Today, for a number of reasons, the answer to their question may be “the emerging markets.”
• A shifting global political landscape. A couple of weeks ago, Donald Trump indicated that he was willing to declare “victory” in his trade war with China, and move on (see Trump’s Unreal Deal With China). Shortly after, the European Union and the British prime minister managed to agree a Brexit deal that made sense for both parties. These events removed two major political risks from the global system and so have been bearish both for US treasuries and for the US dollar. And by reducing funding costs and sharpening risk appetite, a weak US dollar is usually good news for emerging markets.
• A major shift in monetary policy. Until last month, the US Federal Reserve was still signaling it would keep its balance sheet stable. Following dislocations in the US repo market, it ditched this resolution. Instead, the Fed is now expanding its balance sheet again (see The Fed Goes On The Offensive). This shift is US dollar-bearish (see US Dollar Under Fire), which should be good news for emerging markets.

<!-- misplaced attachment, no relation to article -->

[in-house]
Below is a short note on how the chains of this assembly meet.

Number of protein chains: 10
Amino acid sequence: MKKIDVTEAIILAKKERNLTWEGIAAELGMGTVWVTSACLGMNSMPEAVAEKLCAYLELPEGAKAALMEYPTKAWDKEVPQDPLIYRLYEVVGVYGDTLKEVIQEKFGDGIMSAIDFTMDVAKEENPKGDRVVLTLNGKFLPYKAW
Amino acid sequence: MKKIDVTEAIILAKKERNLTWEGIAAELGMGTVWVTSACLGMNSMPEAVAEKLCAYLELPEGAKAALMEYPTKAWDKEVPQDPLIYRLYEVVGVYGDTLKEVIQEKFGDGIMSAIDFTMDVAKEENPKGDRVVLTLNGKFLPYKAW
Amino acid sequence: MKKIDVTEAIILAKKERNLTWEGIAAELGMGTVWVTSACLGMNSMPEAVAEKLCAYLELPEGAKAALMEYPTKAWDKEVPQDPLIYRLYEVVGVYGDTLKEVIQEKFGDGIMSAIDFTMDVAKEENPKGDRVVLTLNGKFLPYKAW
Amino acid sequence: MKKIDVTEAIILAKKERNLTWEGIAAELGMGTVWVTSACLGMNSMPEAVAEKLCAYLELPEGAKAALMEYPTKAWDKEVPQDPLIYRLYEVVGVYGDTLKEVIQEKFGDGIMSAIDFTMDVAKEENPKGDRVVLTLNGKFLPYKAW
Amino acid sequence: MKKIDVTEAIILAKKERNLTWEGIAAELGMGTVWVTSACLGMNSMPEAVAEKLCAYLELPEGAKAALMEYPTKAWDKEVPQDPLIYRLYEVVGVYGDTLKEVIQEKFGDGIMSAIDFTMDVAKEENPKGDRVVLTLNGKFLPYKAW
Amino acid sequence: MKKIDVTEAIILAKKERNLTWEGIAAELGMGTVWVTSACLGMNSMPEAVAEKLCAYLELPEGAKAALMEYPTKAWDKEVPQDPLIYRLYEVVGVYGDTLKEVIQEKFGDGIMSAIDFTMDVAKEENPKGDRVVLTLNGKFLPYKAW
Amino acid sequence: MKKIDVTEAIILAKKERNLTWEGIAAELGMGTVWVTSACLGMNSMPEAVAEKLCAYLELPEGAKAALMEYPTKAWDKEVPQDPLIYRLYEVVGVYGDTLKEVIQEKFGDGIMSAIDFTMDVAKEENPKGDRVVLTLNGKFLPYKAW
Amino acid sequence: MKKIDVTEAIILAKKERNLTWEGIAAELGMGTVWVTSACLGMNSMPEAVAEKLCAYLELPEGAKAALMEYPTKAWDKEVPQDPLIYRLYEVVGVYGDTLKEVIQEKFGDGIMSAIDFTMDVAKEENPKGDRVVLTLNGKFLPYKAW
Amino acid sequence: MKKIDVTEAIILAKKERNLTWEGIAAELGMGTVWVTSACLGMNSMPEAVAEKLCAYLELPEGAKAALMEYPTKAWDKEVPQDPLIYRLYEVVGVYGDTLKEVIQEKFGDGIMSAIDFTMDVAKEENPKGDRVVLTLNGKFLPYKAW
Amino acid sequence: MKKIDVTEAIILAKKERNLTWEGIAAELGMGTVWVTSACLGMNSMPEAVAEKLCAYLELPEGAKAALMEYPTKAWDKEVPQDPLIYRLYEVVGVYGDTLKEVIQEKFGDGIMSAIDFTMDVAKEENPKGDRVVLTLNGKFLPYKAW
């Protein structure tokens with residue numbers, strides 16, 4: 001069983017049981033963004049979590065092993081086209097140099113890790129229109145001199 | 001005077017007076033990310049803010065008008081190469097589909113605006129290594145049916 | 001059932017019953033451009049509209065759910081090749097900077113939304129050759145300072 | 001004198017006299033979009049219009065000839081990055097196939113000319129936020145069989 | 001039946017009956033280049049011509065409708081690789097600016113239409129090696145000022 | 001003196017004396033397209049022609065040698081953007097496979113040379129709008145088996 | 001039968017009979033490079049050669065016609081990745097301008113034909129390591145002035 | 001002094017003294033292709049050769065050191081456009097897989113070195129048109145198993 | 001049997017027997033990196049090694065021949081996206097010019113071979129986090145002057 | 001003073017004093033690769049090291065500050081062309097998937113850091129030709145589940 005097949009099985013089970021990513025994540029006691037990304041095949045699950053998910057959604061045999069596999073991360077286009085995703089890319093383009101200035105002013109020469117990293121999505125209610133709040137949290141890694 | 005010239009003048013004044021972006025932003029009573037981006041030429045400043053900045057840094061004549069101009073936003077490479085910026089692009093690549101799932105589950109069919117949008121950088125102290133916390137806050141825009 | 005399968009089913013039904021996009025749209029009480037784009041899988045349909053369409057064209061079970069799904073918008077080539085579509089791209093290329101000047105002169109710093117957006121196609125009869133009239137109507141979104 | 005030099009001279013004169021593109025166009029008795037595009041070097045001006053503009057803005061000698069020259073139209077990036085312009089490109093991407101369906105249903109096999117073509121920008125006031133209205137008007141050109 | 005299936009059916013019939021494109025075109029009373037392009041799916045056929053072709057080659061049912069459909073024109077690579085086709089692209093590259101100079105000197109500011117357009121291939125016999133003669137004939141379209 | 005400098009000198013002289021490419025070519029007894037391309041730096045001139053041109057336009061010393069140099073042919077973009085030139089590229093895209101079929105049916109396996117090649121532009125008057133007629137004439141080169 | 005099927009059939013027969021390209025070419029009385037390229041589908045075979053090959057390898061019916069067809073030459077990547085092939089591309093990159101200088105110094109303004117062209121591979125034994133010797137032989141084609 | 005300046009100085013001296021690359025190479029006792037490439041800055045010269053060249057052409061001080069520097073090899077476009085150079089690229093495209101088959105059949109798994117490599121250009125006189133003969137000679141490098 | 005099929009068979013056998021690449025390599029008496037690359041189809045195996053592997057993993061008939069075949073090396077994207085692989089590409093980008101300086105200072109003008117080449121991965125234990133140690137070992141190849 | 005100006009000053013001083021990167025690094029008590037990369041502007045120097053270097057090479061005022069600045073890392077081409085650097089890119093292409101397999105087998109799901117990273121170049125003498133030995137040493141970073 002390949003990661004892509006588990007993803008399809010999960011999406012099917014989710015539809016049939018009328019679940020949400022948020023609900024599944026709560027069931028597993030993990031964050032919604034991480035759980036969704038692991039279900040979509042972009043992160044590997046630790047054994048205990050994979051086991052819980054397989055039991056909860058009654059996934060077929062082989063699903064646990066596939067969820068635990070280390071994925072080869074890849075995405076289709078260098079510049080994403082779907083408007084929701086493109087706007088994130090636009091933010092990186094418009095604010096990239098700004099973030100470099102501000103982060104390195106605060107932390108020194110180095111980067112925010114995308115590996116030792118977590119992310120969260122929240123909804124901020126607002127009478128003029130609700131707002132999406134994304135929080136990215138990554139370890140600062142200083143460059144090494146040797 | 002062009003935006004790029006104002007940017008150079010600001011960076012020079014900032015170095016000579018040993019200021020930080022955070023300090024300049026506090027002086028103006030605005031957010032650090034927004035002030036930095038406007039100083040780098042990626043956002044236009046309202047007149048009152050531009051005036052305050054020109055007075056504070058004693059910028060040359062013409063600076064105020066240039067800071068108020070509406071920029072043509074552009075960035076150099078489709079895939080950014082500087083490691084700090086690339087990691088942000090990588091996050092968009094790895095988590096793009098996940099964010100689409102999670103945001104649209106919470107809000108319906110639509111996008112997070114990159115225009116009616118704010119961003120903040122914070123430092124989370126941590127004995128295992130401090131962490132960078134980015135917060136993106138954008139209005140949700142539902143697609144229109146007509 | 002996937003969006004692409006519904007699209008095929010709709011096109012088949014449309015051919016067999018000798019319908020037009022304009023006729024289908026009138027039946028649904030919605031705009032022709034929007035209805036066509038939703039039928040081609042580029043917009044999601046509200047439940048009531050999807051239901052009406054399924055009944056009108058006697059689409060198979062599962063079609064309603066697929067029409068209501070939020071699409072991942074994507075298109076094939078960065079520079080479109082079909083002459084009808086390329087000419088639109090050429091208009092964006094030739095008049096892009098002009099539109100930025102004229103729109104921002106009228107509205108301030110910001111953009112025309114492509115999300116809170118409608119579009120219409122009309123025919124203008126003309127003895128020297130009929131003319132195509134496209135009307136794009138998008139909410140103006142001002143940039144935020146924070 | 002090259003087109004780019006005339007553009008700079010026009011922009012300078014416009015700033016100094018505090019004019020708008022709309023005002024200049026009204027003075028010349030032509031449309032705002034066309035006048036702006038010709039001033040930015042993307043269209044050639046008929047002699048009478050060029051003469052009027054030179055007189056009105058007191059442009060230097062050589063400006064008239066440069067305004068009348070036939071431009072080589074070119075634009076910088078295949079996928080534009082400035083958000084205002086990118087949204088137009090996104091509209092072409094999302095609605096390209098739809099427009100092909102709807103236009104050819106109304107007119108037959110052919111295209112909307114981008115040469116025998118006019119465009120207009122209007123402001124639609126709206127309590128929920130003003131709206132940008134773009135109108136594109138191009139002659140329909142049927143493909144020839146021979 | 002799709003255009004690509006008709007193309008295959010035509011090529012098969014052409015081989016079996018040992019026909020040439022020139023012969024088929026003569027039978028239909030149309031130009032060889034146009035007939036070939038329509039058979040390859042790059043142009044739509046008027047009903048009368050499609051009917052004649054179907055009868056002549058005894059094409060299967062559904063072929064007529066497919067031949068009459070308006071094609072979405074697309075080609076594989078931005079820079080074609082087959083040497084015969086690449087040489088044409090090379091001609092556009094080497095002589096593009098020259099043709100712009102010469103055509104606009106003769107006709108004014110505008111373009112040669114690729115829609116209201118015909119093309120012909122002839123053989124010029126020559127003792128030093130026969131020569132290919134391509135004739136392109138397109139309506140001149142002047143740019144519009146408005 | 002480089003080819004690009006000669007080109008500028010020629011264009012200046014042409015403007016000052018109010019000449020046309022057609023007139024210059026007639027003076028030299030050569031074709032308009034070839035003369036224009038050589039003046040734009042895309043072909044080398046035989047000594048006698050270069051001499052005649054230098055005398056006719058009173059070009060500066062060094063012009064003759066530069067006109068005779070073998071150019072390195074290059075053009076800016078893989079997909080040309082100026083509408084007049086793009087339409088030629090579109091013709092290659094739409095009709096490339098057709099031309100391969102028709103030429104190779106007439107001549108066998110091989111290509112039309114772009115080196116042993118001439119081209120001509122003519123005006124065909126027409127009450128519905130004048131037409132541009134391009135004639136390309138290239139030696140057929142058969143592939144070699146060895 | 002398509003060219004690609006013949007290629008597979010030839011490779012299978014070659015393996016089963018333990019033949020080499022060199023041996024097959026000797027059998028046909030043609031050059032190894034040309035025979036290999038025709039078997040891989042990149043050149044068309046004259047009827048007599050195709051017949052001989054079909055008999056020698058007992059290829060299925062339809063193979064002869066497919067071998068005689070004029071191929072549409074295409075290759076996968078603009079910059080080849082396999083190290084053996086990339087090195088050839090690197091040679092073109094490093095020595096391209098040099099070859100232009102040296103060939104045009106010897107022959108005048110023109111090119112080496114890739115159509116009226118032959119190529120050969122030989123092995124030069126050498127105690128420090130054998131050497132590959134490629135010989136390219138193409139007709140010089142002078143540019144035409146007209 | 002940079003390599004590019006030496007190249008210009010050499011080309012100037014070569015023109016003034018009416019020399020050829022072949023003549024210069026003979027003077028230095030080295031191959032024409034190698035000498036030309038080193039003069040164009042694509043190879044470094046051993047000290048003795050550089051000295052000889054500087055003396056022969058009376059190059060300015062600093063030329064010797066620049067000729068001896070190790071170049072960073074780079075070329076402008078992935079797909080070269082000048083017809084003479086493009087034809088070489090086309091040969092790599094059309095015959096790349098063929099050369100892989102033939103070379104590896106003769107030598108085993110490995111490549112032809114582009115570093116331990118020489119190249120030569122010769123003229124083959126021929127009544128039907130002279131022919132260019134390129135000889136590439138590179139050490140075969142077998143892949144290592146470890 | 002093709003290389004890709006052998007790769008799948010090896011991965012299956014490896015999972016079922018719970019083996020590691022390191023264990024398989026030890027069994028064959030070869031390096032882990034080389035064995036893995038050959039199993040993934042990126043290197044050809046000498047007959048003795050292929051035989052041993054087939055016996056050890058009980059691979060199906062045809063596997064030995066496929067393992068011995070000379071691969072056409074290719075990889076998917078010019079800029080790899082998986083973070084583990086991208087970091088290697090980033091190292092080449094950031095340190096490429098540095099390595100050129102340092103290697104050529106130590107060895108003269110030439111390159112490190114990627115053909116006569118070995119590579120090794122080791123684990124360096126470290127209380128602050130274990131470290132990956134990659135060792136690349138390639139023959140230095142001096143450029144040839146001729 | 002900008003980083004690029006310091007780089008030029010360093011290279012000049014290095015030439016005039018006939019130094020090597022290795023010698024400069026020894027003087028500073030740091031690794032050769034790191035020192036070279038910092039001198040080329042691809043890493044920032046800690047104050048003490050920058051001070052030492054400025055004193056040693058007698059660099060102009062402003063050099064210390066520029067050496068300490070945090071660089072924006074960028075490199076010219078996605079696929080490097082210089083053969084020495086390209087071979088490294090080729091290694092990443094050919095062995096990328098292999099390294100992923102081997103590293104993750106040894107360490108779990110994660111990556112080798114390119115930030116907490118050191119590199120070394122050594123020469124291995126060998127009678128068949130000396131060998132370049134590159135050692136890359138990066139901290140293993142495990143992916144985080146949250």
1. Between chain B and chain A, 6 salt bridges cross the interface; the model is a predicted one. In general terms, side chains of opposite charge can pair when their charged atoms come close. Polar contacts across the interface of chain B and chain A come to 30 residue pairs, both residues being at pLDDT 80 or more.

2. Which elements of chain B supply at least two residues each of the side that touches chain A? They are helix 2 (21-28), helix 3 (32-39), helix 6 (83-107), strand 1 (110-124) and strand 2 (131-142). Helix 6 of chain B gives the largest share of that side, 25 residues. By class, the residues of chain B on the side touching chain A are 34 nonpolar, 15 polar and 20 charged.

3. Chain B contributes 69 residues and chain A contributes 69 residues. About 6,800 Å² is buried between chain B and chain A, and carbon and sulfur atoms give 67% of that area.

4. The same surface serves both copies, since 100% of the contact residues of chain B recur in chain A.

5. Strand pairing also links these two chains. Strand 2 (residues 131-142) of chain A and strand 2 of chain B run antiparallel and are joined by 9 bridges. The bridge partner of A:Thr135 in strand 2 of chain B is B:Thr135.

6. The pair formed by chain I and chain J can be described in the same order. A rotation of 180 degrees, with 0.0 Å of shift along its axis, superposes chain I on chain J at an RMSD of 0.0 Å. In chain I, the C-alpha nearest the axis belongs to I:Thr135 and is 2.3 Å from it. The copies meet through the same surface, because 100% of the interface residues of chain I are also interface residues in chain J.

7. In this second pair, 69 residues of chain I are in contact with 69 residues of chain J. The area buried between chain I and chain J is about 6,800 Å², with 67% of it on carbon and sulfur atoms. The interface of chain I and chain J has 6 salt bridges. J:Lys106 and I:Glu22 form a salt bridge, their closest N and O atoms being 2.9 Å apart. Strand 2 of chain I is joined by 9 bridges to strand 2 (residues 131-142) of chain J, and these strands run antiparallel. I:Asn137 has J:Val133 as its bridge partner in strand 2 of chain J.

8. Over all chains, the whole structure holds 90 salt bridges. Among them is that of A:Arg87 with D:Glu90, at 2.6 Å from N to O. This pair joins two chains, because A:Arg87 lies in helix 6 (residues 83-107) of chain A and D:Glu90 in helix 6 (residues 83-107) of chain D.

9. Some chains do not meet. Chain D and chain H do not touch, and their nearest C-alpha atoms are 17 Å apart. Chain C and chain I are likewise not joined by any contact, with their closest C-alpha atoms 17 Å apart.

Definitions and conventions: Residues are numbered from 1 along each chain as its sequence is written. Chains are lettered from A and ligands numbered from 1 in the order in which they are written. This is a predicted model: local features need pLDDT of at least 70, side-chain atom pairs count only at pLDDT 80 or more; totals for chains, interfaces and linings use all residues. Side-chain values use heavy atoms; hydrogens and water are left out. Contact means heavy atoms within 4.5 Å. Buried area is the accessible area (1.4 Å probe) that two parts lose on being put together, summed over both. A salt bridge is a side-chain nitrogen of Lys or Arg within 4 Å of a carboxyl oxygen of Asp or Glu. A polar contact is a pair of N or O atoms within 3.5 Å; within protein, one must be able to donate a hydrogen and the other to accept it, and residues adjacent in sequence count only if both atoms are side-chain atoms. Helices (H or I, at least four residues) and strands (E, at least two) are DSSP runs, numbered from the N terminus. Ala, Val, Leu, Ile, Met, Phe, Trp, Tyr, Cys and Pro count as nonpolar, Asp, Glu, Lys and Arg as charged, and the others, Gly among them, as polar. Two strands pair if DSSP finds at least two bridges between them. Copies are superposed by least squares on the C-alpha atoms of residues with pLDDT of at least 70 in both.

• China is back to injecting liquidity and easing policy. The days of massive stimulus are long gone. But the leadership is making sure that Chinese growth does not crater. And the emerging market cycle is
typically a big beneficiary of Chinese stimulus.
The combination of a topping-out US dollar and Chinese stimulus would usually be enough to make a cyclical case for emerging markets. But it appears something more is happening. Almost anywhere you look across the emerging markets, you find either significant fiscal reforms (Brazil, India), important regulatory changes (Brazil, India, Indonesia), or significant interest rate cuts (India, Indonesia, Russia etc.). In short: stimulus on the fiscal side, stimulus on the regulatory side, and stimulus on the monetary policy front.